Every other August, dozens of volunteers gather near the Grand Place in Brussels to compose a 19,000-square-foot, floral rug that blankets the central square. The massive installation is woven with one million begonias—a hearty flower that Belgium is the largest producer of worldwide—that last just four days before wilting.
Although the 2020 edition of the “Flower Carpet” event has been postponed, Berlin-based Joerg Daiber, of Spoon Film, captured the 2018 iteration in a short timelapse that shows how the vibrant tapestry is fabricated.
Flower Power in Brussels, a video by filmmaker Joerg Daiber captures the volunteers from 2018 as they arrange the colorful flowers—more than 500,000 fragrant begonias and dahlias, along with grass and bark—into the planned design. Via Wikipedia:
In 2018, the carpet featured cultural elements from the state of Guanajuato, Mexico, including symbolism from the Chupícuaro, Otomí and Purépecha cultures. In addition to the begonias, the carpet included dahlias, the national flower of Mexico.
Scroll down to see the building of the Flower Carpet and take a closer look at this incredible work of floral art through Daiber’s video.
Daiber’s enchanting “miniaturizing” effect can be seen in his other videos documenting beautiful sites around the world, published on his channel Little Big World.
While the Flower Carpet scheduled for this summer must be postponed, Daiber’s work preserves the 2018 tapestry until a new carpet can be created once again. The 2018 theme, “Guanajuato, Cultural Pride of Mexico,” honors the Mexican city of Guanajuato which similarly creates ephemeral tapestries of sawdust in the city streets.
Volunteers gathered to assemble thousands of begonia flowers into intricate designs for an annual tradition in Brussels.
The resulting creation is made up of nearly a million flowers carefully arranged over 19,000 square feet. It is, in a word, gorgeous.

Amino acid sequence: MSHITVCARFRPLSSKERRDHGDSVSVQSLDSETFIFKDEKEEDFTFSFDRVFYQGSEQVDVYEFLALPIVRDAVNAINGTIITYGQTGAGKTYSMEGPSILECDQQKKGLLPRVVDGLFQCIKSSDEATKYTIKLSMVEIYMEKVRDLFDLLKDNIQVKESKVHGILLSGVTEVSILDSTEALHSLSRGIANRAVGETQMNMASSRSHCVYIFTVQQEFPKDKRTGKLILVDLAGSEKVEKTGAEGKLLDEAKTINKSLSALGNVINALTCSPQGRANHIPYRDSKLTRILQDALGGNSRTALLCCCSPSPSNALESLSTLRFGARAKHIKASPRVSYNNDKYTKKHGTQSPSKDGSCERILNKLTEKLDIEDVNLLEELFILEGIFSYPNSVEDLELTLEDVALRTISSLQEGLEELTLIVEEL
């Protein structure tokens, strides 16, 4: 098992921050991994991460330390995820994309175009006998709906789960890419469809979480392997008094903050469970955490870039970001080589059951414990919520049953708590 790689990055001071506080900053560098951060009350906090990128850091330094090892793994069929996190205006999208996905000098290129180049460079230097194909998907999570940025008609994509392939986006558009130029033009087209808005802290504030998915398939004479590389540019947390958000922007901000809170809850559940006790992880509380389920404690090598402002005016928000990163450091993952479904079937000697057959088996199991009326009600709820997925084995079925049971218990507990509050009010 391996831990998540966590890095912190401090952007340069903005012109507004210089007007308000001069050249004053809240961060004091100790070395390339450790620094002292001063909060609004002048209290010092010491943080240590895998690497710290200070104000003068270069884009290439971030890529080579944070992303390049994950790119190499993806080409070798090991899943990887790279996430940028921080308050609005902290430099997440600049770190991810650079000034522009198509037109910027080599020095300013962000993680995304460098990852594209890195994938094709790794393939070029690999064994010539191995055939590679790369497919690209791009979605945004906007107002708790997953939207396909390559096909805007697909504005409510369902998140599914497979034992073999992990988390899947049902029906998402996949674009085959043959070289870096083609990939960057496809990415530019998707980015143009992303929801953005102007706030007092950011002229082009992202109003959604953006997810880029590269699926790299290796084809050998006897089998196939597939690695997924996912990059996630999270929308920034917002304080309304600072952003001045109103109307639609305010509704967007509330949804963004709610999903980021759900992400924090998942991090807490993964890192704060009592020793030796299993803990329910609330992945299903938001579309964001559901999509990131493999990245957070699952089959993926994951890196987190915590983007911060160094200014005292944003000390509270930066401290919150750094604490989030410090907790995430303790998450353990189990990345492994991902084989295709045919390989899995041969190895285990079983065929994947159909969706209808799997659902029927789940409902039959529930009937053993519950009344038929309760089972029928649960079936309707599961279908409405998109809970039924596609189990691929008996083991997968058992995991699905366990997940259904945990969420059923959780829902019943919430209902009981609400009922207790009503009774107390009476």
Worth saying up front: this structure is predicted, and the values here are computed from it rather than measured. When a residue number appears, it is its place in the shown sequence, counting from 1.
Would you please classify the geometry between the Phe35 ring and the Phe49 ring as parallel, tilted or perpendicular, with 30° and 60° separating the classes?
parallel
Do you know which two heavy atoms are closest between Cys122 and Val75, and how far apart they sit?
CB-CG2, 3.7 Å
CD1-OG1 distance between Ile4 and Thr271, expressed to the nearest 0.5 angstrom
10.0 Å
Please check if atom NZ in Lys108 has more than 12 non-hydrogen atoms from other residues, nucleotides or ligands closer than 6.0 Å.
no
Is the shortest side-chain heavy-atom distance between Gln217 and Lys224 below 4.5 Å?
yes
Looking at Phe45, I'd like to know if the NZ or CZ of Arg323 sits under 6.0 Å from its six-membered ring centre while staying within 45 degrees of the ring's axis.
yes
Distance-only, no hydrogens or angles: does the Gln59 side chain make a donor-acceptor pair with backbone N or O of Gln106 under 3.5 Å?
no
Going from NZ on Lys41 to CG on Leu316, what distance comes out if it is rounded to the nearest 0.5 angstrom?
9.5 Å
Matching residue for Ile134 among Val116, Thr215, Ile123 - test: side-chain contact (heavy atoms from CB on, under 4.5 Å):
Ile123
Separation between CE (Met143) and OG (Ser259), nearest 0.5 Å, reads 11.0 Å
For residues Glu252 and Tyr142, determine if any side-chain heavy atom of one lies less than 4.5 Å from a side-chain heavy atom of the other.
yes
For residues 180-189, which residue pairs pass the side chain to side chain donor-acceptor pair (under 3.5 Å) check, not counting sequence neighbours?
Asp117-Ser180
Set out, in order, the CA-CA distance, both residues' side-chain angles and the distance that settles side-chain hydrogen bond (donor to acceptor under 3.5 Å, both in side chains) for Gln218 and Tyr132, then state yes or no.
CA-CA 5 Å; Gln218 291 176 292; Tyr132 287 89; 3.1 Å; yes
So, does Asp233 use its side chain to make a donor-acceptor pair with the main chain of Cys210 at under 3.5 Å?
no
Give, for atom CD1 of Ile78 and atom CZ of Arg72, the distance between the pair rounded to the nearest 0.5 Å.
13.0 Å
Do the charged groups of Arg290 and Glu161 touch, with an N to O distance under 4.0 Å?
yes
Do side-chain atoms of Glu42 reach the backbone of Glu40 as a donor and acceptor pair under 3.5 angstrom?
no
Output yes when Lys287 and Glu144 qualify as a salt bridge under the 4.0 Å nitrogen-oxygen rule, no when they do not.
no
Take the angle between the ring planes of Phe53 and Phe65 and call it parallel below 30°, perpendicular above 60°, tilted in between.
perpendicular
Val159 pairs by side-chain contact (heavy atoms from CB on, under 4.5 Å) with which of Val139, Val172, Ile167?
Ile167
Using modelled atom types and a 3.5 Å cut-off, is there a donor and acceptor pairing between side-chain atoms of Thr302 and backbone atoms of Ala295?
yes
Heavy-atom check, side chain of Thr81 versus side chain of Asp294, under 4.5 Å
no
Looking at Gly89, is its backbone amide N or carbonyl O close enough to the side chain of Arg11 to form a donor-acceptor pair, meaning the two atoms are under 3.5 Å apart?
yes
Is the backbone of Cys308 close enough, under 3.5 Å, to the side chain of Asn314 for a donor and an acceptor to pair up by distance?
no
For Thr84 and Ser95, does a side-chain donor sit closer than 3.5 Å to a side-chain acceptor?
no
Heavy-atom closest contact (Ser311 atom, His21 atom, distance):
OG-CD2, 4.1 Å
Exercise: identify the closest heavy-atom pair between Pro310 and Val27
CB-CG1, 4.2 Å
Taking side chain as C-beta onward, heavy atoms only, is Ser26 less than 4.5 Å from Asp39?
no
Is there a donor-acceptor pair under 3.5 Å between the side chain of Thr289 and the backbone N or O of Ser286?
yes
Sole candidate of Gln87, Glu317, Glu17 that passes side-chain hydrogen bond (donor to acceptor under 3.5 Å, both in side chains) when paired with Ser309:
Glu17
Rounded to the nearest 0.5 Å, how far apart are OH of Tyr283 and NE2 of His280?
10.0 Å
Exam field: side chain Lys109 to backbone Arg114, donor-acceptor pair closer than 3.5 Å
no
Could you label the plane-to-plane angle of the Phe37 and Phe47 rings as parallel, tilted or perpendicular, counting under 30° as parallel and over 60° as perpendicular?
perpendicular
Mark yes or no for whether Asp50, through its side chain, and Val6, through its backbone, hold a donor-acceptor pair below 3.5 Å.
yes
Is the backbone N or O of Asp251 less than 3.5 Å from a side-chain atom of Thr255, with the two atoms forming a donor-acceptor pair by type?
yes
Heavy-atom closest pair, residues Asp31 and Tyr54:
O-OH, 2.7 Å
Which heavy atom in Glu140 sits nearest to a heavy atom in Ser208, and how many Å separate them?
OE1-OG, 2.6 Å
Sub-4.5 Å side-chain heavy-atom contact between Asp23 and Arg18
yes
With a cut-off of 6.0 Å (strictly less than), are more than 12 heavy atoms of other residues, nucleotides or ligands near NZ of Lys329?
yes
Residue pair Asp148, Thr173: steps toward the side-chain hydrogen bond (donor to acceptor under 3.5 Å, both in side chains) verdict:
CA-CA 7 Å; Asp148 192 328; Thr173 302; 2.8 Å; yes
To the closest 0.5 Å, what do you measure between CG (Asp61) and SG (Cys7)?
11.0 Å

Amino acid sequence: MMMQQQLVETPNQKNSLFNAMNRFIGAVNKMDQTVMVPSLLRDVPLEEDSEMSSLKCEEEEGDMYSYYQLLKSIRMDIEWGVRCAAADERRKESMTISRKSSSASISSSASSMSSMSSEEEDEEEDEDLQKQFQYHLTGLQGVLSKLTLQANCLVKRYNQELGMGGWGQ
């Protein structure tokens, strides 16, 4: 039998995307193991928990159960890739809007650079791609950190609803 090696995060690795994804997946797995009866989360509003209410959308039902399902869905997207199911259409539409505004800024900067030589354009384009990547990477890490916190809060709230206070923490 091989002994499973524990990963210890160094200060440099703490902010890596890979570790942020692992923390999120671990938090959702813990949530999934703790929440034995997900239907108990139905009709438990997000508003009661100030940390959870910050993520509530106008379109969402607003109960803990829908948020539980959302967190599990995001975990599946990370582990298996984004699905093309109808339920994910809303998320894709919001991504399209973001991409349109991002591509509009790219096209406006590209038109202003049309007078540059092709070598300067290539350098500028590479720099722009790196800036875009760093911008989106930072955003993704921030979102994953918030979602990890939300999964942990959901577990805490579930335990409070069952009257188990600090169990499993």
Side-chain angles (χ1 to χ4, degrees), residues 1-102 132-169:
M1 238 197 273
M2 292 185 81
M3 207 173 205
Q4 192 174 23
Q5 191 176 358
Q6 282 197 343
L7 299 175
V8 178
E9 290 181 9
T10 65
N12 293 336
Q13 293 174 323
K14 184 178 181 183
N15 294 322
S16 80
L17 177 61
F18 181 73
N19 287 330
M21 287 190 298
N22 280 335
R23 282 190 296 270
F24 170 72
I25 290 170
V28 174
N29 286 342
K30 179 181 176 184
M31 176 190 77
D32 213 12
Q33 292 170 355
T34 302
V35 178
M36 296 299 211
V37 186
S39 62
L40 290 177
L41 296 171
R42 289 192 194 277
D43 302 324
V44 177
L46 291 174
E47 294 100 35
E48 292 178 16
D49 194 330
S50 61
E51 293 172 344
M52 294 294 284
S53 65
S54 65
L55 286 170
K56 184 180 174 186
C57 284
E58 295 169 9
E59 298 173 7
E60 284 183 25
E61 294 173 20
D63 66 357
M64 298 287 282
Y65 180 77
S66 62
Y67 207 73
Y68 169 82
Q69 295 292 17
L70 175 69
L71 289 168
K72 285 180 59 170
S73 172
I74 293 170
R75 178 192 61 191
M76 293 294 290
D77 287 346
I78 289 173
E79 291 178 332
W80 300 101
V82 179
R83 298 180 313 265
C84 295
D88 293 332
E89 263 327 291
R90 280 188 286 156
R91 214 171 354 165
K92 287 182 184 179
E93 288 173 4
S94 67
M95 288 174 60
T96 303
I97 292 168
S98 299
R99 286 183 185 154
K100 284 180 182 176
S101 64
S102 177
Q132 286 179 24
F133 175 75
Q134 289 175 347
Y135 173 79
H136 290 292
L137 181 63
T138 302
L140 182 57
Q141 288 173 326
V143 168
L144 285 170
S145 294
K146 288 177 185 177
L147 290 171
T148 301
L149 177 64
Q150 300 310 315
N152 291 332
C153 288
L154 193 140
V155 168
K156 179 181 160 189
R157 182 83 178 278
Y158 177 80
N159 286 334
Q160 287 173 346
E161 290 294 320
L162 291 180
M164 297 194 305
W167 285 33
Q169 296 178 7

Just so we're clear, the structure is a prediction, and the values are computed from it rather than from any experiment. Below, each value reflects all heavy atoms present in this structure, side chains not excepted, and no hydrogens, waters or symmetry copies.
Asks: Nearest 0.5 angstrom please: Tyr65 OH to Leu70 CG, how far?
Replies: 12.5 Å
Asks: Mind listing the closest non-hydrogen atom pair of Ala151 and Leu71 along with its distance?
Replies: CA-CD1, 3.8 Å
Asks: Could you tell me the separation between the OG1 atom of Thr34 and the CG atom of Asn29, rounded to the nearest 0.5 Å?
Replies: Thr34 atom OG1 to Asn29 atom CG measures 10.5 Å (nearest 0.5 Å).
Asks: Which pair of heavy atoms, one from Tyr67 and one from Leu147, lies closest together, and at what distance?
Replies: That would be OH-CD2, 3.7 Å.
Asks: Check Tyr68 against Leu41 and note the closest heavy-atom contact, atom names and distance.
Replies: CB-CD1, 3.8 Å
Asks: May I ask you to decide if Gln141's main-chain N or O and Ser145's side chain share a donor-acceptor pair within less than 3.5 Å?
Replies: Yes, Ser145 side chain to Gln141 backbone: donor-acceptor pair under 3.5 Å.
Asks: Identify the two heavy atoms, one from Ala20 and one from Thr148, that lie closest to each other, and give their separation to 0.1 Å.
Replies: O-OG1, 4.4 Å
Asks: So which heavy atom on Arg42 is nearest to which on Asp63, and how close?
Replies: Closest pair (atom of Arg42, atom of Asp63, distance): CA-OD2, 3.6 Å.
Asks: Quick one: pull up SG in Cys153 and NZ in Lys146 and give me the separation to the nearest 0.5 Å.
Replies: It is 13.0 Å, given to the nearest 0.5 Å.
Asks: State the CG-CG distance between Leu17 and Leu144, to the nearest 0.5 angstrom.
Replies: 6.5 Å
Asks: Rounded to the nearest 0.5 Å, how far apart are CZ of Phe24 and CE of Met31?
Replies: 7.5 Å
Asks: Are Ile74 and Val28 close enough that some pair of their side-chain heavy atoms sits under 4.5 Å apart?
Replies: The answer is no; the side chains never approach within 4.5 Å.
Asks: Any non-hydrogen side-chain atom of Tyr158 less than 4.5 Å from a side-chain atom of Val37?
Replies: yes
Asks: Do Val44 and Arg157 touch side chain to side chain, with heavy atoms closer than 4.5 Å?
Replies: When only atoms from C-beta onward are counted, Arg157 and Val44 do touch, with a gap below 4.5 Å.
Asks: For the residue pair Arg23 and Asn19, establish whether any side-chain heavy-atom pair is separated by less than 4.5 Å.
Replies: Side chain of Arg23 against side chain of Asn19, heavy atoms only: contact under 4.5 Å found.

Which is why Daiber decided to go and visit Brussels in 2018, where he captured the event in his trademark miniature style.
“The film was shot from 3 buildings around the Grand Place in Brussels, but most of the shots were taken from the 90m high tower of the Brussels Town Hall,” Daiber tells PetaPixel. “It’s basically a long spiral staircase all the way up to the the top. I think over the course of the day I went at least 5 times up and down, getting stuck with my tripod and bumping my head quite a few times in the narrow upper part of the tower and getting more and more dizzy after each run.”
The effort, it seems, was worth it. And while he was initially planning to release the timelapse in time with the 2020 event, this year’s Flower Carpet has been cancelled due to the pandemic. So, since none of us can go and see this for ourselves just yet, and probably won’t be able to until 2021 or 2022 when the pandemic is passed and the Flower Carpet returns to the Grand Place, you can enjoy the next best thing: Daiber’s Flower Power timelapse.
The tilt-shift effect makes them and the flower carpet look miniaturized. Daiber filmed the footage from buildings around the Grand Place, including the 90 meter (295 foot) high tower of Brussels’ Hôtel de Ville (Town Hall).
In 2018, the ritual Flower Carpet was recorded from start to finish by filmmaker Joerg Daiber.
The theme honored a city in Mexico which has a “carpet” creation tradition using sawdust.